IN a political landscape full of dun suits and drab rhetoric, Michael Sutherland was an entertaining splotch of colour.
The rich turn of phrase, avuncular waistline and self-deprecating wit, all ensconced in that South African drawl, formed an affable and slightly flamboyant whole.
Behind closed doors he didn’t suffer fools gladly — the turnover in his electoral office was so high I once suggested he replace the front door with a revolving one — and some ex-staffers compared his management style to president Mugabe.
But he was gregarious and charming in public, and most importantly knew how to work a room, going from unlikely election winner in 2008 to speaker of the legislative assembly.
His sense of humour and pompous baritone were perfectly suited to that role and he kept the political sprats swimming tightly in their shoals.
Politically, he was more of an independent Liberal, and often flouted the party line on domestic matters.
None of these were life or death, and he seemed content being a backbencher and enjoying the cachet that came with the speaker’s mantle.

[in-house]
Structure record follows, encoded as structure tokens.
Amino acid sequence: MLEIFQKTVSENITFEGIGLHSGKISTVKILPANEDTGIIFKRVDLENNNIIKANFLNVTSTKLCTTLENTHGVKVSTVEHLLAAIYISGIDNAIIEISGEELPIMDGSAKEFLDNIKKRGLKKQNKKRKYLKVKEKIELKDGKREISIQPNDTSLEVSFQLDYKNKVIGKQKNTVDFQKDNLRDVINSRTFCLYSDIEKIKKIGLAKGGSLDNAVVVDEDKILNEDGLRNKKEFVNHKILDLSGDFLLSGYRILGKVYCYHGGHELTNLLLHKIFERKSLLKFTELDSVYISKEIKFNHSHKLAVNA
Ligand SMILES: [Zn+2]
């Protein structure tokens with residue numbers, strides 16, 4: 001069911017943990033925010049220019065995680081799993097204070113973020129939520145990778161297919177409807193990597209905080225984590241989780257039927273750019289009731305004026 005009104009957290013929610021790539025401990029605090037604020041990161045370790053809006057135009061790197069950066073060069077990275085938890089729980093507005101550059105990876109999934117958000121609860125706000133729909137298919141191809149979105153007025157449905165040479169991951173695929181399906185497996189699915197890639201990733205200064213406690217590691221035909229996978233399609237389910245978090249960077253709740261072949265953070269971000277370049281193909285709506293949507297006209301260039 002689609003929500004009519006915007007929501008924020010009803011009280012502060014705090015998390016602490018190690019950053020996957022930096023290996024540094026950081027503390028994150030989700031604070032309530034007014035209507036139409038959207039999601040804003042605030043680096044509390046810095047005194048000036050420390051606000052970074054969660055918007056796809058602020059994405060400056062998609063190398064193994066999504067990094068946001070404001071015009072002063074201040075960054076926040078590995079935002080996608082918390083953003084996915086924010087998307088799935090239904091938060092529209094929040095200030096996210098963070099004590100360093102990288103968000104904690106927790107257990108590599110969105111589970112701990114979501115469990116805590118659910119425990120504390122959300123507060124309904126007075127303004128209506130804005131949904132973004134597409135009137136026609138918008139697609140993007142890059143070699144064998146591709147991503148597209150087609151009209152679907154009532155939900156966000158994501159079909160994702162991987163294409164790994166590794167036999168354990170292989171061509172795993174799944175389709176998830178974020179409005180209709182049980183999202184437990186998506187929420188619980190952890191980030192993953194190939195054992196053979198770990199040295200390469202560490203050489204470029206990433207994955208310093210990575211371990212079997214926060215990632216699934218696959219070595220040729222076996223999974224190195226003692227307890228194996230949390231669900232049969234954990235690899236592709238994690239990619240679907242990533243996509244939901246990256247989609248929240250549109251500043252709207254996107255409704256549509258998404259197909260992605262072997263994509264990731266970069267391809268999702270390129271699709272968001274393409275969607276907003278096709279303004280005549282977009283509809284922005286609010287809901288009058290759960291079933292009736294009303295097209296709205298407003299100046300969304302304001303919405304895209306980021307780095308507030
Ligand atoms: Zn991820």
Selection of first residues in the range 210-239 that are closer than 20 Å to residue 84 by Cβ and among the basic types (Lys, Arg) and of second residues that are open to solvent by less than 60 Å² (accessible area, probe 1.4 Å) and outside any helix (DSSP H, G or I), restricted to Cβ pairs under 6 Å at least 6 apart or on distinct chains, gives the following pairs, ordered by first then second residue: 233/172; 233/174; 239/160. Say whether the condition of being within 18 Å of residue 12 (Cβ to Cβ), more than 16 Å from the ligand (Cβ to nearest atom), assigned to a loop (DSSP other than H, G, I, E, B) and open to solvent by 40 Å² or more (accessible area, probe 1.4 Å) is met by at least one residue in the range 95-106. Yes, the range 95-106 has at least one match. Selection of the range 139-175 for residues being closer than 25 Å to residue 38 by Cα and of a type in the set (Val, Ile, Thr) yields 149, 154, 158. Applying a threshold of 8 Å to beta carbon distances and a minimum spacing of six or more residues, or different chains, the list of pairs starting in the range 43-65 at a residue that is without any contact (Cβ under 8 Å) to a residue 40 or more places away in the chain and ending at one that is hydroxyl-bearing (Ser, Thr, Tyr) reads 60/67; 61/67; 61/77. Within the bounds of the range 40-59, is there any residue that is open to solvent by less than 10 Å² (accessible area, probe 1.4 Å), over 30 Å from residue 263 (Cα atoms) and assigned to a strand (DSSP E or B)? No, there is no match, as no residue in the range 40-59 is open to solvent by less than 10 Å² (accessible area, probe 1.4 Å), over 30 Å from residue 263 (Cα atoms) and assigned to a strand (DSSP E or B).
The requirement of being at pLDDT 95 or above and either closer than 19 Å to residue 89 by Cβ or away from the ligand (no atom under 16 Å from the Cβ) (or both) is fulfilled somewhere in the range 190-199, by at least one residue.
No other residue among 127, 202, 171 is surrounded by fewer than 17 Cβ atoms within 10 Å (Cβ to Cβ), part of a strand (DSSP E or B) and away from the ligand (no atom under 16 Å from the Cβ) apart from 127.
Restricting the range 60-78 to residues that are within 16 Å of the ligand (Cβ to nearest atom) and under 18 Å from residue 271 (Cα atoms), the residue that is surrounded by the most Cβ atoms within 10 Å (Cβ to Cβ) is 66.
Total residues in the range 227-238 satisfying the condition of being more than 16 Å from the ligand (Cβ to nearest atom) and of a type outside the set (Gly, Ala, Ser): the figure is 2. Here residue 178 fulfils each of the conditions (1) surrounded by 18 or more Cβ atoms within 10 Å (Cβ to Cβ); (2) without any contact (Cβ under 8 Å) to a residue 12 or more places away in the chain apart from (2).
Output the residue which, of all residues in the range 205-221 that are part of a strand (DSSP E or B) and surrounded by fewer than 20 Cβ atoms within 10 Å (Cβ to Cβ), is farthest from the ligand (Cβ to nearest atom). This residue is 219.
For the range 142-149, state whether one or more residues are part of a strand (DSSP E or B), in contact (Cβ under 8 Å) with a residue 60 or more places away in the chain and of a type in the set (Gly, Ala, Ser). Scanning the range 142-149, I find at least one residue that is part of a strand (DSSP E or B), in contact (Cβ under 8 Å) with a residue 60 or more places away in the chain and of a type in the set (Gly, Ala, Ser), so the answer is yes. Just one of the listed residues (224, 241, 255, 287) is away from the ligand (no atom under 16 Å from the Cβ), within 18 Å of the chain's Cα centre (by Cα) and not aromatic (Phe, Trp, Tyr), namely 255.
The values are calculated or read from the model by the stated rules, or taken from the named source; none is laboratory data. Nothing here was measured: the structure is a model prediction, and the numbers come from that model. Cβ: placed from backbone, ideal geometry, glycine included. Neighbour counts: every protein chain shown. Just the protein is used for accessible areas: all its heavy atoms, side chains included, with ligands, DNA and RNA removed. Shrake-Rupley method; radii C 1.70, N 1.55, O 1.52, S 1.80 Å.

His later political life took a lurid turn when an audio recording of ex-staffer Sherry Sufi — at that point the Liberal federal candidate for Fremantle — emerged. Mr Sufi was caught on tape doing a sexually explicit impersonation of Mr Sutherland.
In typical fashion, he brushed it off as a peccadillo and said he had moved on and bore Mr Sufi no ill will.
Perhaps that’s why Sutherland gave off the air of a man who was never particularly stressed — he didn’t hold a grudge and didn’t take himself too seriously.
Lampooned by Labor as an epicurean fat cat (they nicknamed him Sir Lunchalot), he was stereotyped as a bon vivant, but people liked him, sensing a warm and genuine man whose bark was worse than his bite.
What ever you thought of “old Sutho”, one thing’s for sure — the political skies over Mt Lawley became slightly greyer last Saturday.
by STEPHEN POLLOCK